This month in history: Mass. minted the first colonial coins

This pine shilling was likely created between 1667 and 1674, according to the National Museum of American History. Earlier versions of the coins had willow or oak trees. Photo courtesy of the National Numismatic Collection, National Museum of American History, Smithsonian Institution

What: Passing of the Massachusetts Bay Mint Act
When: 26-27 May 1652
From where: Boston

  • Early Massachusetts colonists had some forms of coinage, including the wampum, a shell used in trade with Native American tribes, and foreign coinage. British authorities wanted colonists to barter for goods or services, but Massachusetts Bay residents preferred the independence and purchasing power that coins brought, according to the Federal Reserve Bank of Boston’s “History of Colonial Money.”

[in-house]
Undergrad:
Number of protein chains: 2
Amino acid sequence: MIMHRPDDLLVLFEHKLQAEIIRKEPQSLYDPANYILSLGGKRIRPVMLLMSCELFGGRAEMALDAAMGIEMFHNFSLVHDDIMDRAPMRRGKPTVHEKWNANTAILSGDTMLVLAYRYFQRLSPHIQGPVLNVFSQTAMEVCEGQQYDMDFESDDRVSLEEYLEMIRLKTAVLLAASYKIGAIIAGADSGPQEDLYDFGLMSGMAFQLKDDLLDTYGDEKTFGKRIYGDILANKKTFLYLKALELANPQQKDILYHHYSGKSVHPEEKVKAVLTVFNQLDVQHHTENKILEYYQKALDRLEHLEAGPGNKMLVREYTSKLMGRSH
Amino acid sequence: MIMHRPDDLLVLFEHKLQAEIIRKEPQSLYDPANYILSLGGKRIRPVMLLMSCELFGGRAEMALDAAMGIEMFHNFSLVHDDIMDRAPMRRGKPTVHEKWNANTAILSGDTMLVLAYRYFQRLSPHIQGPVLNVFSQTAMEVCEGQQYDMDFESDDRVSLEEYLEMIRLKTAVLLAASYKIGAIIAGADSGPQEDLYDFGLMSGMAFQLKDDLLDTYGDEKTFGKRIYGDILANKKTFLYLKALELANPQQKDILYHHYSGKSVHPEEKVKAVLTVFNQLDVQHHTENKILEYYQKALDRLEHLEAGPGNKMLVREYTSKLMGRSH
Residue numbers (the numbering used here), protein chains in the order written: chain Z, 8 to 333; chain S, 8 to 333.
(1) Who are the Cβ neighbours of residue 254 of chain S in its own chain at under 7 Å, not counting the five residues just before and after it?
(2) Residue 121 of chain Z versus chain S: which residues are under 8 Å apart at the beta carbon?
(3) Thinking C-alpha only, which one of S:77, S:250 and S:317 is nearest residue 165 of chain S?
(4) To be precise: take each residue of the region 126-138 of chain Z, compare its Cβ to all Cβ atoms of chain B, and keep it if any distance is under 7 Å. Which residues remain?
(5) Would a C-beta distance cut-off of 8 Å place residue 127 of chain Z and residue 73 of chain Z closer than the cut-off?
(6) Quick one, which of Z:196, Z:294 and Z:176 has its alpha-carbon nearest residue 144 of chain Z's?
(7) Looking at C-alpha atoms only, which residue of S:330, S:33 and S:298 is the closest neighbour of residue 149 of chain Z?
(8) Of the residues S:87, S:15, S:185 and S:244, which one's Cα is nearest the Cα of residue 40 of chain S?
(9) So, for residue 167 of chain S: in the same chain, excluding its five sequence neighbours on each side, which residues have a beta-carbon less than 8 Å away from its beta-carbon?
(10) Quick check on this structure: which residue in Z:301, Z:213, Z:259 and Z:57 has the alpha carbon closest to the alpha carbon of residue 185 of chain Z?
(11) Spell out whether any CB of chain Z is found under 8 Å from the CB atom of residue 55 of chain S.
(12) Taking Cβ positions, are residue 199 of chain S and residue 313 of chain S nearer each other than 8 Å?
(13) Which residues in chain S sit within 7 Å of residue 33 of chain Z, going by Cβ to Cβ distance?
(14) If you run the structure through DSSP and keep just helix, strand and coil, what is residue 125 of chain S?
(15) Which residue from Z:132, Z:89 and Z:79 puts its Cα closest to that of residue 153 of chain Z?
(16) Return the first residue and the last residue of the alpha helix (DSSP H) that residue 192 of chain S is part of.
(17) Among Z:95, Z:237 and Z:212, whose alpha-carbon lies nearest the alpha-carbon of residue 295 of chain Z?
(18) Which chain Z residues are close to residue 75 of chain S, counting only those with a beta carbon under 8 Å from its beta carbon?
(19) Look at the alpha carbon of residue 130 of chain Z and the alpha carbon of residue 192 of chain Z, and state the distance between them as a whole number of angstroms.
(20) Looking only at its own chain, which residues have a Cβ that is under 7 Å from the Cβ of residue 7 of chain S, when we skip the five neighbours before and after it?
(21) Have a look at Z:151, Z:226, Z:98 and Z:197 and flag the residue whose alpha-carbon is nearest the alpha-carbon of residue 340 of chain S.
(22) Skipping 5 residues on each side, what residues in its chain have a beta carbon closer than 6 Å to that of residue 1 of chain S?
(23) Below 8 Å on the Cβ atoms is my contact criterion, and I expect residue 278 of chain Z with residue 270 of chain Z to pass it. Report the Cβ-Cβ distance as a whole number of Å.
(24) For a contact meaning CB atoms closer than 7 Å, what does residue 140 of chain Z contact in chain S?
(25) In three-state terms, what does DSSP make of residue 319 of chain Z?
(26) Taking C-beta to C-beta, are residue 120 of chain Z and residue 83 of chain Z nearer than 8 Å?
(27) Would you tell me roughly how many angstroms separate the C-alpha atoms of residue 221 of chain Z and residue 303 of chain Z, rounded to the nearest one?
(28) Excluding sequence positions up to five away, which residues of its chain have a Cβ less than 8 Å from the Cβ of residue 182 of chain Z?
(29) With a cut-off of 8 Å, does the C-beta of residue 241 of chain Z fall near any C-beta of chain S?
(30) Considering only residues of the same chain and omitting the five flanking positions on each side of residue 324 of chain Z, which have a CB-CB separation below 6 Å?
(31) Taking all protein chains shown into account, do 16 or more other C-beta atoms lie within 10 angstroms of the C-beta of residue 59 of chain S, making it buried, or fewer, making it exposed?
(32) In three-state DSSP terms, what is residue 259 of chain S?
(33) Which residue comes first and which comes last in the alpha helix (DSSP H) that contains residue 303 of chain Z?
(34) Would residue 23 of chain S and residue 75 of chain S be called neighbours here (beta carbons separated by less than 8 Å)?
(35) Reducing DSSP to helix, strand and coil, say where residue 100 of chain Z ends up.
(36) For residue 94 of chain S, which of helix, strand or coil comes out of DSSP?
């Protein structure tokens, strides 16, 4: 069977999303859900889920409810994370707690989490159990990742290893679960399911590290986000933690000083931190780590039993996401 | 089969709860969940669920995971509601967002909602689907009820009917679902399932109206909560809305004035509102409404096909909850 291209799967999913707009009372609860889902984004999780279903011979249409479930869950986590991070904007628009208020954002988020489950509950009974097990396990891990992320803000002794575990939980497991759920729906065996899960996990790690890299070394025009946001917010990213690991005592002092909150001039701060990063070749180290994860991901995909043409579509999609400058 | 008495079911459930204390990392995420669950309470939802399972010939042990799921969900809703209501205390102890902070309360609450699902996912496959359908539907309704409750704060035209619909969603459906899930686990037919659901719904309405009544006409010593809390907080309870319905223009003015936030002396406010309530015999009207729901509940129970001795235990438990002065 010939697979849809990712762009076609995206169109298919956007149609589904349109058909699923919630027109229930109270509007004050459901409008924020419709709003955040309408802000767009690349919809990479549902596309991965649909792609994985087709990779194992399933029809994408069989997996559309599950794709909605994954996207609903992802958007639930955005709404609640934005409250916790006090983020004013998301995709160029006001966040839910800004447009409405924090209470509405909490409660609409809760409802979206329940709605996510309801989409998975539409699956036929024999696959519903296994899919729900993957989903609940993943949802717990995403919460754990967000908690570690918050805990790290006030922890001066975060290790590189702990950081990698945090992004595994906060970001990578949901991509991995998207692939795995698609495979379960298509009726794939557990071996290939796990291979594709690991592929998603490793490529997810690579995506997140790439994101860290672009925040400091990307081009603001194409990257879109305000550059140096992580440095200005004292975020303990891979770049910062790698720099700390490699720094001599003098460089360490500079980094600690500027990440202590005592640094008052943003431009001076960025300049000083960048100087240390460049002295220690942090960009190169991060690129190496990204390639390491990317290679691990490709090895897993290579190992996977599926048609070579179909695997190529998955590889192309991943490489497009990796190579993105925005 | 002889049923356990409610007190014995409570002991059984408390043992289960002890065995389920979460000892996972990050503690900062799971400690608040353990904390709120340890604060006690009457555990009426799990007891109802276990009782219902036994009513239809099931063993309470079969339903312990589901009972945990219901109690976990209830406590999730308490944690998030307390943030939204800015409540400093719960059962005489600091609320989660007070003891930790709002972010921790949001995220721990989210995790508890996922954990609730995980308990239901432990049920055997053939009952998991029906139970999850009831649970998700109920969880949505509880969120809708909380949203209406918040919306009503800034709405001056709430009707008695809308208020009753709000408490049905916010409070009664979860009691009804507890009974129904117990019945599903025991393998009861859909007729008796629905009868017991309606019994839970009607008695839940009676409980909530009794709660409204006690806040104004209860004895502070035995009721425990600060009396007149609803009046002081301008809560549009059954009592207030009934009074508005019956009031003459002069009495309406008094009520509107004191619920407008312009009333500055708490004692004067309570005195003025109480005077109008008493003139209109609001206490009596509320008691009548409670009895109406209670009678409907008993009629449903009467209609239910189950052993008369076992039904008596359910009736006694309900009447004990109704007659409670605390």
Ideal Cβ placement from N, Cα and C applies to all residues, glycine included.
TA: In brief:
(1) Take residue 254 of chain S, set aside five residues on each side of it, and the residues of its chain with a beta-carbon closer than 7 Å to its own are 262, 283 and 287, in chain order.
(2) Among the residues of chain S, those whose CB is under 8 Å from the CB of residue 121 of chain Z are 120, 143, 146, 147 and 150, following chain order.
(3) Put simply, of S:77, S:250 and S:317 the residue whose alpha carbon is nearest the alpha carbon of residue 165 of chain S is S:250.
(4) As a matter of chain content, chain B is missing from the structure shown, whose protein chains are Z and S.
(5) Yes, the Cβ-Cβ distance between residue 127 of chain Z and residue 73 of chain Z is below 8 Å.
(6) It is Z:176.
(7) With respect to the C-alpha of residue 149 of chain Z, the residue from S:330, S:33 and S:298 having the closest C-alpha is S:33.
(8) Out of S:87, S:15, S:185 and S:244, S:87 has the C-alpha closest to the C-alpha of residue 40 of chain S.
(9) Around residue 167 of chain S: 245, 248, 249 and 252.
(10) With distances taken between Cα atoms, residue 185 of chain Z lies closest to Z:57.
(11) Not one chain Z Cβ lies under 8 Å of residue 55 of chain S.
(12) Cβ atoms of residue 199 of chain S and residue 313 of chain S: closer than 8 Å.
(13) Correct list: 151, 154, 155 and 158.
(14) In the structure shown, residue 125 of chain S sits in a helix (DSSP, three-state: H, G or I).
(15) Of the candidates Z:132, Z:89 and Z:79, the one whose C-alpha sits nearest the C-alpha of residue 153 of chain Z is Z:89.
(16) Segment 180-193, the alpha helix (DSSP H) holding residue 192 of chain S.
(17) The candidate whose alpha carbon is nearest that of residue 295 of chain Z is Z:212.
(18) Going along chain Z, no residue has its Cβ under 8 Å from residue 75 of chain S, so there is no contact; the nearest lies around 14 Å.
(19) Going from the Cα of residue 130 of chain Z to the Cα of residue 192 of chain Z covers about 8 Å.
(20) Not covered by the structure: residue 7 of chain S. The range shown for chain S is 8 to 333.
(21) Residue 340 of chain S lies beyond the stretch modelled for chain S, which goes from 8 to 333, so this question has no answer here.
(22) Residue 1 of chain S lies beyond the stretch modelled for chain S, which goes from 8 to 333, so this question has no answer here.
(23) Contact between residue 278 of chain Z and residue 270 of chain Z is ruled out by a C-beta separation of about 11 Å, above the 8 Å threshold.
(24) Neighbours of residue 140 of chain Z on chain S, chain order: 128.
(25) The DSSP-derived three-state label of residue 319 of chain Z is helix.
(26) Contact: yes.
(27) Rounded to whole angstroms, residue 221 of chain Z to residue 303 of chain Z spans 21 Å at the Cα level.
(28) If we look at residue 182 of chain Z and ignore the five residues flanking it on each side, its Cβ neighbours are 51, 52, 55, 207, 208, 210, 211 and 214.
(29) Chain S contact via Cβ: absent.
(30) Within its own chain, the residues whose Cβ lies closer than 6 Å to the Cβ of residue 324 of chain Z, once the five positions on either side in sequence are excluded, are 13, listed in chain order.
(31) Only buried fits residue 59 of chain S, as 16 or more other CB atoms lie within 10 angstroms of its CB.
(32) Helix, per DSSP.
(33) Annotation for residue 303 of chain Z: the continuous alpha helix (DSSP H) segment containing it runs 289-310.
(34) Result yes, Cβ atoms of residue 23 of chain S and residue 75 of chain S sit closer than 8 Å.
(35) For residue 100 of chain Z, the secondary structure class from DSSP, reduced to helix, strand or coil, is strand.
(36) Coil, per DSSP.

• Although the creation of currency in the colonies was not legal, both houses of the Massachusetts Bay General Court passed legislation establishing a mint and appointed John Hull as mint master. The mint remained active until British authorities ordered its closure in 1682.
  • The first silver coins were easy to counterfeit, leading the court to call for a redesign that featured a tree on one side. The coins, later known as Pine Tree Shillings, were dated to 1652 so Massachusetts could claim to England that no coins had been minted since that year, according to the Philadelphia Federal Reserve.

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“In view of many counterfeit coins being brought into the country and great losses in this respect (and this caused trade to be disrupted), the court ordered the establishment of a mint. … And they chose me for this job; and I chose my friend Robert Sanderson as my partner, who the court approved.”

— From the ‘Diaries of John Hull’ in the Manuscript Collection of the American Antiquarian Society

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